Sam Talley spotted this in the sky over Florence, Alabama Wednesday afternoon. Did you see something similar?
If you did, you spotted an atmospheric optical phenomenon known as a 22-degree halo.
Earthsky.org explains it very simply: “Halos are a sign of high thin cirrus clouds drifting 20,000 feet or more above our heads.”
“These clouds contain millions of tiny ice crystals. The halos you see are caused by both refraction, or splitting of light, and also by reflection, or glints of light from these ice crystals.”
It is called a 22-degree halo because the ring has a radius of approximately 22 degrees around the sun or moon.
According to the site Atmospheric Optics, the halo remains the same diameter no matter what position the sun is found in the sky.
At times, portions of the circle may be missing, so only a segment can be seen.
The high, thin cirrus clouds creating the sun halo usually arrive ahead of weather systems that bring our next chance of rain. A sun halo is your clue that rainy weather is on the way!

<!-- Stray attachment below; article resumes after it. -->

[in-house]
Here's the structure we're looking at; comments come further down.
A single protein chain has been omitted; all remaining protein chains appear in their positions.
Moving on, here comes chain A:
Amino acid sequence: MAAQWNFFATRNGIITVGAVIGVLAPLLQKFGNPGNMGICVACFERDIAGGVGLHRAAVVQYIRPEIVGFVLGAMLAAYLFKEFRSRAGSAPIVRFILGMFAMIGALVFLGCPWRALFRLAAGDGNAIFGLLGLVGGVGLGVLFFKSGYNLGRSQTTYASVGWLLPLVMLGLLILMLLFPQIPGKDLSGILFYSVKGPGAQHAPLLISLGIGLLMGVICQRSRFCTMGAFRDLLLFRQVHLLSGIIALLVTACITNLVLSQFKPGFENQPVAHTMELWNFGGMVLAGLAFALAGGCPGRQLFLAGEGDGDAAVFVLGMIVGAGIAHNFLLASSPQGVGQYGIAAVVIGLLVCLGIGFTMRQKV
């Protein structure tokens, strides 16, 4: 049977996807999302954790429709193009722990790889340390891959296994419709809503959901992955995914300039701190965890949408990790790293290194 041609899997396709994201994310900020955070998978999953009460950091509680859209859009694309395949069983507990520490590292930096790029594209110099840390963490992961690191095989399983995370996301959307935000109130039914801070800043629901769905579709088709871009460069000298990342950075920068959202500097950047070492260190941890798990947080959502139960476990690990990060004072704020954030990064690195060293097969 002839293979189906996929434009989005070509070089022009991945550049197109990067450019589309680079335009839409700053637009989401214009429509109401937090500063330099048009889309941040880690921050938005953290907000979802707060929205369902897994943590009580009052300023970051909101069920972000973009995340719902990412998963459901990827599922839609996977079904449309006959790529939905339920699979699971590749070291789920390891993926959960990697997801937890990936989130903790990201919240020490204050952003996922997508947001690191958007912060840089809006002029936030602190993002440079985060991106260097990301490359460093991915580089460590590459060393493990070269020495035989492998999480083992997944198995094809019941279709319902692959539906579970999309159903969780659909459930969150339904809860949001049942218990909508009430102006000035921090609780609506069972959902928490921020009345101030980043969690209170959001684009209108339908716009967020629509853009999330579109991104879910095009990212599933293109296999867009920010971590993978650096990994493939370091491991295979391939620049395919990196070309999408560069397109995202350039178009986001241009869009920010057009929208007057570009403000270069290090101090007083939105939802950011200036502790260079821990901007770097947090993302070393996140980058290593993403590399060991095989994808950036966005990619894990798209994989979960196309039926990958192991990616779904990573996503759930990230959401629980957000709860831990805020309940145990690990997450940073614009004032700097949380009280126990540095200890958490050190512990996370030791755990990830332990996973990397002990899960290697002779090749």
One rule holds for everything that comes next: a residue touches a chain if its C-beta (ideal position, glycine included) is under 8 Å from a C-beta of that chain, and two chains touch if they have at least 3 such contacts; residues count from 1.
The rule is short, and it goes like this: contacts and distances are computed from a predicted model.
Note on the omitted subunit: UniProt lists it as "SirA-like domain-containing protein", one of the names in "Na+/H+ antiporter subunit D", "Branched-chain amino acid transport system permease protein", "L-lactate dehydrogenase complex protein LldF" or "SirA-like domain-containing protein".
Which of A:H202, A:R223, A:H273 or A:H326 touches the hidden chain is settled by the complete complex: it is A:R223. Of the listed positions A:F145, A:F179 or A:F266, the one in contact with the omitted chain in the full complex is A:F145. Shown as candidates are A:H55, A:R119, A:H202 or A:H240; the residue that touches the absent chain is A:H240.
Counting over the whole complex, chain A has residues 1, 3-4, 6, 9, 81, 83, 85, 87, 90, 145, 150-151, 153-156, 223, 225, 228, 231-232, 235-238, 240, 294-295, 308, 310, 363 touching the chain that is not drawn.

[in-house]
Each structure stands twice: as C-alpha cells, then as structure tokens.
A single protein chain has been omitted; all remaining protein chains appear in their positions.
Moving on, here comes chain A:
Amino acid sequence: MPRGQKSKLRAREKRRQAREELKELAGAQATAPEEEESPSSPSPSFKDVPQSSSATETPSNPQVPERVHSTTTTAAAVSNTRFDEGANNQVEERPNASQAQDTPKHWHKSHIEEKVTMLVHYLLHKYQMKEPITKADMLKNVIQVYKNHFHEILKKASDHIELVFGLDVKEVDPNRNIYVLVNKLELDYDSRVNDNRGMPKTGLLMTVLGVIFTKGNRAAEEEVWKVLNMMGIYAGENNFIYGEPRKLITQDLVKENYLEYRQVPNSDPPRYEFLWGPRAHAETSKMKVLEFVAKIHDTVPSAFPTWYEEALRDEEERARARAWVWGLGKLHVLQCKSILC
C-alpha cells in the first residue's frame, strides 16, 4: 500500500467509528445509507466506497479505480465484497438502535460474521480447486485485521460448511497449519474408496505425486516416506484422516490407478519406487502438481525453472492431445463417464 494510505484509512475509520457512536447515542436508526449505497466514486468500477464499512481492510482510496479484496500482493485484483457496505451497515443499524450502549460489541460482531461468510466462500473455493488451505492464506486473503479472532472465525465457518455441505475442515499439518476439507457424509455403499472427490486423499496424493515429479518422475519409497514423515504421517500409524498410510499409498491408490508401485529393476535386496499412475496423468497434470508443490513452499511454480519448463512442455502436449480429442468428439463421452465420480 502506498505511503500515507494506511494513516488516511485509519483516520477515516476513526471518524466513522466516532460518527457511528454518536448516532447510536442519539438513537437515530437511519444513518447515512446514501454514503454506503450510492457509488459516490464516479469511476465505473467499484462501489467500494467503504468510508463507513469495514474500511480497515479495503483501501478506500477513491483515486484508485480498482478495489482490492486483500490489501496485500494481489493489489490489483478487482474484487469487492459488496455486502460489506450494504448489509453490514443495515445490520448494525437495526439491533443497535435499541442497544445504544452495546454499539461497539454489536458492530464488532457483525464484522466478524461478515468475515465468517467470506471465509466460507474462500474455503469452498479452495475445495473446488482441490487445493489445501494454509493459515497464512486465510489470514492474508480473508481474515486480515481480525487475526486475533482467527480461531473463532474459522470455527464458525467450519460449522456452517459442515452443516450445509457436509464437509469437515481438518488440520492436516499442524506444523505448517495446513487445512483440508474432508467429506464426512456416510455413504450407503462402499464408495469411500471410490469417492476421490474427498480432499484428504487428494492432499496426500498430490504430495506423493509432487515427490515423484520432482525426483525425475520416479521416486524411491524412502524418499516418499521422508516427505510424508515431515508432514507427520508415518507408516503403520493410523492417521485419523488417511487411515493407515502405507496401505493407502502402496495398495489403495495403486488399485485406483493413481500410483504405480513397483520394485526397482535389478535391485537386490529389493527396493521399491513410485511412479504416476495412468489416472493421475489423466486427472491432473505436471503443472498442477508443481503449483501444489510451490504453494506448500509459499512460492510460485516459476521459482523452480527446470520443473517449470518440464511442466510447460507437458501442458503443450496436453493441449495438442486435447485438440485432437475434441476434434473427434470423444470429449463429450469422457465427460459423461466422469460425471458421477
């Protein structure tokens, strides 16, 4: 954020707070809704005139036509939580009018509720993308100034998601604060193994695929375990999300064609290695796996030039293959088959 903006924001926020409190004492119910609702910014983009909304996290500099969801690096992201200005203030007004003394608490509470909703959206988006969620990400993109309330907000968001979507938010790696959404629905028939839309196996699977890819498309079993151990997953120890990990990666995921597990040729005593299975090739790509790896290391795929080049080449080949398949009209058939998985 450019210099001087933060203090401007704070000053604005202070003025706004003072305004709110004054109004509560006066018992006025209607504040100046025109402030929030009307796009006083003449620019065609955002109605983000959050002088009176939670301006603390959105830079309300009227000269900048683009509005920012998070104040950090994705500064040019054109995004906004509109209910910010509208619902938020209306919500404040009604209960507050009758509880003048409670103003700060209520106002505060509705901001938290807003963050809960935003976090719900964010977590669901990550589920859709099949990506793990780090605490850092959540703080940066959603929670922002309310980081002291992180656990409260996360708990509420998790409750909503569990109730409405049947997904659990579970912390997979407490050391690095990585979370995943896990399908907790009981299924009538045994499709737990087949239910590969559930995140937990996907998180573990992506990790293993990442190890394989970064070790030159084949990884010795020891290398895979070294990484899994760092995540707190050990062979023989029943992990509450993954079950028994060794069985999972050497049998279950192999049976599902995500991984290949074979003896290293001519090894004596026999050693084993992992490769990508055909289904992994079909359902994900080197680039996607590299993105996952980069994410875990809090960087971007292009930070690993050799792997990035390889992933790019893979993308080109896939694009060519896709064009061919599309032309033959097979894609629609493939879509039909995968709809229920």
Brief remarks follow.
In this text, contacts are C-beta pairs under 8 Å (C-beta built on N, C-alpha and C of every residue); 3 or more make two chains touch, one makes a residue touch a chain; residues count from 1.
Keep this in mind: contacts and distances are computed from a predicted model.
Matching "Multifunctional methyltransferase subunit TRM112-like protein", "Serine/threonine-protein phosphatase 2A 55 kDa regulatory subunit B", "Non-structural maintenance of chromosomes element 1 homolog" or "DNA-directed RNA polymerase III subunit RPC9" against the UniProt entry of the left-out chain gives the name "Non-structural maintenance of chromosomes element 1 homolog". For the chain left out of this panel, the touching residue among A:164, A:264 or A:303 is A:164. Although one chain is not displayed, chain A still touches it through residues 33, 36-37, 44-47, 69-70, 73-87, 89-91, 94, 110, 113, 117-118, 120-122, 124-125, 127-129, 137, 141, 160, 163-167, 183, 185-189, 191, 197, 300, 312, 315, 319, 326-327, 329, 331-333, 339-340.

How sundogs form
Sundogs are a form of atmospheric optics that occur when the sun’s rays pass through ice crystals high in the atmosphere. The ice crystals indicate that moisture is present in the atmosphere, well above the freezing layer.
In the case of sundogs, the ice crystals are oriented in such a way that their large faces are parallel with the ground. This allows sunlight to pass through one of the edges, when it then refracts (or bends). The refraction is occurs at 60 degrees from the edge of the crystal, or 20 degrees from the original path of the sun’s ray if it hadn’t entered the crystal.
The sunlight travels through the crystal and exits out of a different edge, refracting once again. Red light refracts a little more than the blue light, so you see the reddish hue closer towards the sun.
It takes more than one ice crystal to produce a sundog. In fact, the phenomenon that you see occurs because many crystals are present and their sunlight is being directed back to your eyes.
Sun halos and sun dogs can be seen when thin, wispy cirrus clouds are present in the sky. These clouds are often present a few days before an on-coming storm system, or even behind a departing storm system.
If you were able to capture this beautiful phenomena, send us a photo using the link below: